When Science magazine’s Kelly Servick found out in the spring of 2020 that she’d been accepted to the Knight Science Journalism Program, the good news was tempered with an unfortunate caveat: The start of her fellowship would have to be delayed by a full year. With Covid-19 lockdowns sweeping the country, the program had made the difficult decision to put its in-person fellowship on pause.
As the pandemic dragged on, the one-year wait turned into two. A winter coat Servick had bought in anticipation of the move from Washington D.C. to the Boston area hung, new and untouched, in her closet. When she finally arrived on campus this past August to join four other journalists in the program’s 2022-23 fellowship class, the moment had been years in the making.
“I had my interview [for the fellowship], possibly the last day that I was in the office at Science before we all went remote in February 2020,” Servick recalls. “So, it was definitely something I’ve been looking forward to.”
As a staff writer, and now associate editor, for Science, Servick has primarily covered biomedical research and policy. But recently she’s found herself wondering about overarching systems of care and the winding paths that people diagnosed with psychiatric disorders must often take to get diagnosed and treated. So during her time at MIT, Servick is exploring big picture issues related to the diagnosis and treatment of mental illness — and learning about the experiences of patients who are navigating those processes. It’s the kind of broad and important context, she says, that “doesn’t always make it into my reporting around an individual study or a new drug candidate.”
“It takes time to try to get a handle on these bigger social questions and policy questions,” she adds. “That’s kind of what the fellowship has afforded me.”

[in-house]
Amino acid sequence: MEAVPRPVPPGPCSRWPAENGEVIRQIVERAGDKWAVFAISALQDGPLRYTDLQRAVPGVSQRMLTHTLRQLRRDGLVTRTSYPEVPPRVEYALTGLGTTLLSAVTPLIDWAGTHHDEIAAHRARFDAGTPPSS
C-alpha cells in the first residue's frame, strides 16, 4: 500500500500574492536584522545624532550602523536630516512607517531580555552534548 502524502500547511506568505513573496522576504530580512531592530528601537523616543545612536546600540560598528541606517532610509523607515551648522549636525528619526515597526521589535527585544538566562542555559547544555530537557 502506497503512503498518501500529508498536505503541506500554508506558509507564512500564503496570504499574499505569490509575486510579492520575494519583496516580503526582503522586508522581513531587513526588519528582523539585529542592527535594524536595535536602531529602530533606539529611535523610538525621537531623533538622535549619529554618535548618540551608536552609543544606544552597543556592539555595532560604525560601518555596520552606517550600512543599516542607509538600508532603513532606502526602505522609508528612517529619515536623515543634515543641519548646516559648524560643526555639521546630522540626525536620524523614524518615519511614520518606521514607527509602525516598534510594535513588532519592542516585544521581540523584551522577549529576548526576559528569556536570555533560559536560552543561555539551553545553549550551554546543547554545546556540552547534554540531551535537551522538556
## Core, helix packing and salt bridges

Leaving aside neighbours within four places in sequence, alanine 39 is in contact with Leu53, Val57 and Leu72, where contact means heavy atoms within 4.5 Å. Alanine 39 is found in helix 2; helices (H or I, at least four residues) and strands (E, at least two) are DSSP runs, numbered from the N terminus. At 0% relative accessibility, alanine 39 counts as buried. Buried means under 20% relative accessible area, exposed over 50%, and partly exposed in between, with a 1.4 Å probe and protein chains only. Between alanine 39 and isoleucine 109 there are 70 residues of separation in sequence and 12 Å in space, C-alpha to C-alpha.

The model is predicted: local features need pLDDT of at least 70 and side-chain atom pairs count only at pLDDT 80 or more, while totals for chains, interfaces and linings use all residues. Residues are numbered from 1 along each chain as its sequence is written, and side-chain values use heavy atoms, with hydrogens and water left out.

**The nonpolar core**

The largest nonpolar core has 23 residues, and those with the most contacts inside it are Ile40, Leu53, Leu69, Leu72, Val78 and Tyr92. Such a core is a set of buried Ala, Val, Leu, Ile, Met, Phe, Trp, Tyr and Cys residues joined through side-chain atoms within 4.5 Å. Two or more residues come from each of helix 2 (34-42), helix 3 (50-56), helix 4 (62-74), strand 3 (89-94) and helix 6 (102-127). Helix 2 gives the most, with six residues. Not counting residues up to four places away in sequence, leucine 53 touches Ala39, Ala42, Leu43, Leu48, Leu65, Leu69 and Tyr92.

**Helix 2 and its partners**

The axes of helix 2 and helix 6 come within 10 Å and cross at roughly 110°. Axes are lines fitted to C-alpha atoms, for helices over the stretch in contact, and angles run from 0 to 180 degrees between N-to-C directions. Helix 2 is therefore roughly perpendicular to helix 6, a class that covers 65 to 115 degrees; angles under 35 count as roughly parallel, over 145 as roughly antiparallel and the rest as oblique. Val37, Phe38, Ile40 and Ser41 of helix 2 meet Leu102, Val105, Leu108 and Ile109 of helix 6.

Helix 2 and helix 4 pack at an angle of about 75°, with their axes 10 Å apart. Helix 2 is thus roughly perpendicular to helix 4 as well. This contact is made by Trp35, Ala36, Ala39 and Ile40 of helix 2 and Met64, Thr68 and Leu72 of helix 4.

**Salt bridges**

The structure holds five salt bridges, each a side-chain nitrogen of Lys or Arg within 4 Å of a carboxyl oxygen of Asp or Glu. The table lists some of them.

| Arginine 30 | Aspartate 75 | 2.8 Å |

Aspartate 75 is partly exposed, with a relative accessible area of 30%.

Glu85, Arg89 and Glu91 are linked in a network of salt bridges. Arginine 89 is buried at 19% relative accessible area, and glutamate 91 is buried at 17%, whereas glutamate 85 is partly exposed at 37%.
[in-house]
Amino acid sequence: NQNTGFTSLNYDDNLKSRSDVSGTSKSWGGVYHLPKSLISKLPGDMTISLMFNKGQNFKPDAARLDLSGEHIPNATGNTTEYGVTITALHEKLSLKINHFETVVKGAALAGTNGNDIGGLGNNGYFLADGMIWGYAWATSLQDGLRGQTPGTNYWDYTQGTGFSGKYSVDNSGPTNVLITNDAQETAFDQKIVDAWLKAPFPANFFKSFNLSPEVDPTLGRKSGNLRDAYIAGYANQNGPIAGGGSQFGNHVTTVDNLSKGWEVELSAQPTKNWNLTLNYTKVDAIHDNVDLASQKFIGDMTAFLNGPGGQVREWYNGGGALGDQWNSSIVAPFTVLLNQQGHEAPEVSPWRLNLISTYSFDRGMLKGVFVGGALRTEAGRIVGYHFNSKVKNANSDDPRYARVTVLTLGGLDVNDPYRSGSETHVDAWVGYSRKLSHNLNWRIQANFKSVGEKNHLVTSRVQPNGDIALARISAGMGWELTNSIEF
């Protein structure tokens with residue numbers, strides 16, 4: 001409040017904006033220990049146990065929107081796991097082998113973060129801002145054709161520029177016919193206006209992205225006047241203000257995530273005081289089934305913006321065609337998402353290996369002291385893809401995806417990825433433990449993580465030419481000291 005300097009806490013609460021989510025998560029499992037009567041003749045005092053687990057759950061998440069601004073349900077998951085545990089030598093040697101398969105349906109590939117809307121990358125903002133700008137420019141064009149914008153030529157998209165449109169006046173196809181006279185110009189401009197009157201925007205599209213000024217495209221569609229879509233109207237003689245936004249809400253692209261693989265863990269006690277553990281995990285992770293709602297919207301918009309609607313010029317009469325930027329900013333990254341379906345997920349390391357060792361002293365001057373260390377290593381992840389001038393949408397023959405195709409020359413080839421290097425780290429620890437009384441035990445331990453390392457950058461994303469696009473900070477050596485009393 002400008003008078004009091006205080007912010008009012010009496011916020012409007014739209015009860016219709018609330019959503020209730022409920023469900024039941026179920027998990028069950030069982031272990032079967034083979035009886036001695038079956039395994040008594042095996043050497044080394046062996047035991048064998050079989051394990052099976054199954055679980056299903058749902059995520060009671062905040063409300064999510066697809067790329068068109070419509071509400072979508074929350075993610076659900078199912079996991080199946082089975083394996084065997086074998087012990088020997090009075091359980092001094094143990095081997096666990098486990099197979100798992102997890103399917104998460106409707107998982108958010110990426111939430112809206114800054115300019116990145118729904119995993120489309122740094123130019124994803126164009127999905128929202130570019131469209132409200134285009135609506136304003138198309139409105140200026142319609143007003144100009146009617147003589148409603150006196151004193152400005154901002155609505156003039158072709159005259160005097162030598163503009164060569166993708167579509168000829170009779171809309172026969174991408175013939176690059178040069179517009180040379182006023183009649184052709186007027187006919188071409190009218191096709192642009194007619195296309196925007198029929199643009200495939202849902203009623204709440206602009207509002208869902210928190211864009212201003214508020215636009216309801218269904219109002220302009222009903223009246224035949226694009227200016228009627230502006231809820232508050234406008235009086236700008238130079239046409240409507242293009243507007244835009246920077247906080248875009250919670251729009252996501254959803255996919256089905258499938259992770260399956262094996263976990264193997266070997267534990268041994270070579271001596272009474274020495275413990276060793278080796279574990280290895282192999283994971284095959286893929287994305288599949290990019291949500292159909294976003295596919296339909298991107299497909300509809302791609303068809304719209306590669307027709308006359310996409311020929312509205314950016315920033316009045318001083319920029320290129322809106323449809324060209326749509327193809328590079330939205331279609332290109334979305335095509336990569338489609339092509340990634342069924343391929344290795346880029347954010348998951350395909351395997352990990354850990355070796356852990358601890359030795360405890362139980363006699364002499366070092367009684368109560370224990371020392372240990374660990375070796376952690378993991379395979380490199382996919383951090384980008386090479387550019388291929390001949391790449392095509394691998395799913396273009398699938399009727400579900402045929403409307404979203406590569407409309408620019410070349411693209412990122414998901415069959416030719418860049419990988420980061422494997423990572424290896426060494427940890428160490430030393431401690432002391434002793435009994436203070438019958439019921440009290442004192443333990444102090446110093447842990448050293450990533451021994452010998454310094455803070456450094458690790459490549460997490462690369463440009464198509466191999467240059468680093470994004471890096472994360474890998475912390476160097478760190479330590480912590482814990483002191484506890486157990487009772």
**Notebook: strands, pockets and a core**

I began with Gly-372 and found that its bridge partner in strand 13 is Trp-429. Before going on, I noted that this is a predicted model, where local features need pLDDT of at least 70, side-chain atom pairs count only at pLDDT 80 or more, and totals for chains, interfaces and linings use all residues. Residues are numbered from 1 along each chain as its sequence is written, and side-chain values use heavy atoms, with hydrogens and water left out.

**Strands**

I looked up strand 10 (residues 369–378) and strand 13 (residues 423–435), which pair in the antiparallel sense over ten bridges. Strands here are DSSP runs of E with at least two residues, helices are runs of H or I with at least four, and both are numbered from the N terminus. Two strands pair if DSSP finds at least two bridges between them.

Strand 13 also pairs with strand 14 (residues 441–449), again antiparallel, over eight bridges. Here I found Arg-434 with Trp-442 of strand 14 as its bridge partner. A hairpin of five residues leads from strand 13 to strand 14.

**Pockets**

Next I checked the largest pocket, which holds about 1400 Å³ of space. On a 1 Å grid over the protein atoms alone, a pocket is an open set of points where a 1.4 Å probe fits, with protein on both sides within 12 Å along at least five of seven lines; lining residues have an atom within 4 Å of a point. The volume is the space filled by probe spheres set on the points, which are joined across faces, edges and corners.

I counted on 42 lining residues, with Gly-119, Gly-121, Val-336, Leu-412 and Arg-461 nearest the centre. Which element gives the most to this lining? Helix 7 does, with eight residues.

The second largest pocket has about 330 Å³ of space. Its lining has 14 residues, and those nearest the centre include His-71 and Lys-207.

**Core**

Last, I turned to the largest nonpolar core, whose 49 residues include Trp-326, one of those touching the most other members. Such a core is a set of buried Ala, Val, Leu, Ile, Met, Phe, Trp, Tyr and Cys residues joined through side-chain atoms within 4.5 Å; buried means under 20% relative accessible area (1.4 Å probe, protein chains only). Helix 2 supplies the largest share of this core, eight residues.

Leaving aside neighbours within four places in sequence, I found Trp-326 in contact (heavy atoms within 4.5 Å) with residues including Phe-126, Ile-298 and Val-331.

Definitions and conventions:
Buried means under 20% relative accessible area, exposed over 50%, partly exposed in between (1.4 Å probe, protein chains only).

Before becoming a science journalist, Servick studied cognitive science and comparative literature at the University of Georgia. But she liked that science journalism presented opportunities to learn and explain, and she eventually enrolled in the University of California, Santa Cruz, Science Communication Graduate Program. Afterward, she landed an internship with Science magazine, which led to a full-time position.
There’s always kind of a bigger picture and a lot of history and a lot of context that is important to know — to try to know.
One of Servick’s most memorable moments at Science came early in her career, on a 2016 reporting trip to Brazil, where she was covering designer mosquitos that were created to help stop the spread of infectious diseases. On the trip, Servick spoke with researchers and community members who had first-hand experience with infectious diseases, to get their perspectives on the new technologies used to fight mosquito-borne diseases. It dawned on her that the story was about much more than entomology and laboratory techniques; it was also about public health, community needs, and socioeconomic conditions.
“That project sort of impressed on me that explaining the technical details in the science is really not enough and is not the whole story,” Servick says. “And there’s always kind of a bigger picture and a lot of history and a lot of context that is important to know — to try to know.”
At MIT, Servick plans to create audio stories that examine various facets of treatment and rehabilitation for people with severe mental illnesses. Among the stories she’s working on is a feature that will take a historical look at the movement of deinstitutionalization in the U.S.
When Servick is not reporting or editing, she’s often flexing her creative skills with strings. A violinist and budding cellist, Servick for years played and sang for Near Northeast, a melodic indie experimental band based in D.C. “I’m not actively playing with this band right now, and so I’m in kind of a transitional time, creatively. And I’m kind of like working on an EP of solo material,” says Servick. “But also, being in a new place has really underscored like how important collaboration and community are to make music meaningful.”
In addition to her science classes, Servick is auditing a course called Leading Music in Ritual at the Harvard Divinity School. “I’m trying to just sort of consume a lot of different things and think about how to integrate that into my life.”
Elizabeth Gamillo is a student in the MIT Graduate Program in Science Writing. She was previously a daily correspondent for Smithsonian and wrote for Science magazine as their 2018 AAAS Diverse Voices in Science Journalism Intern.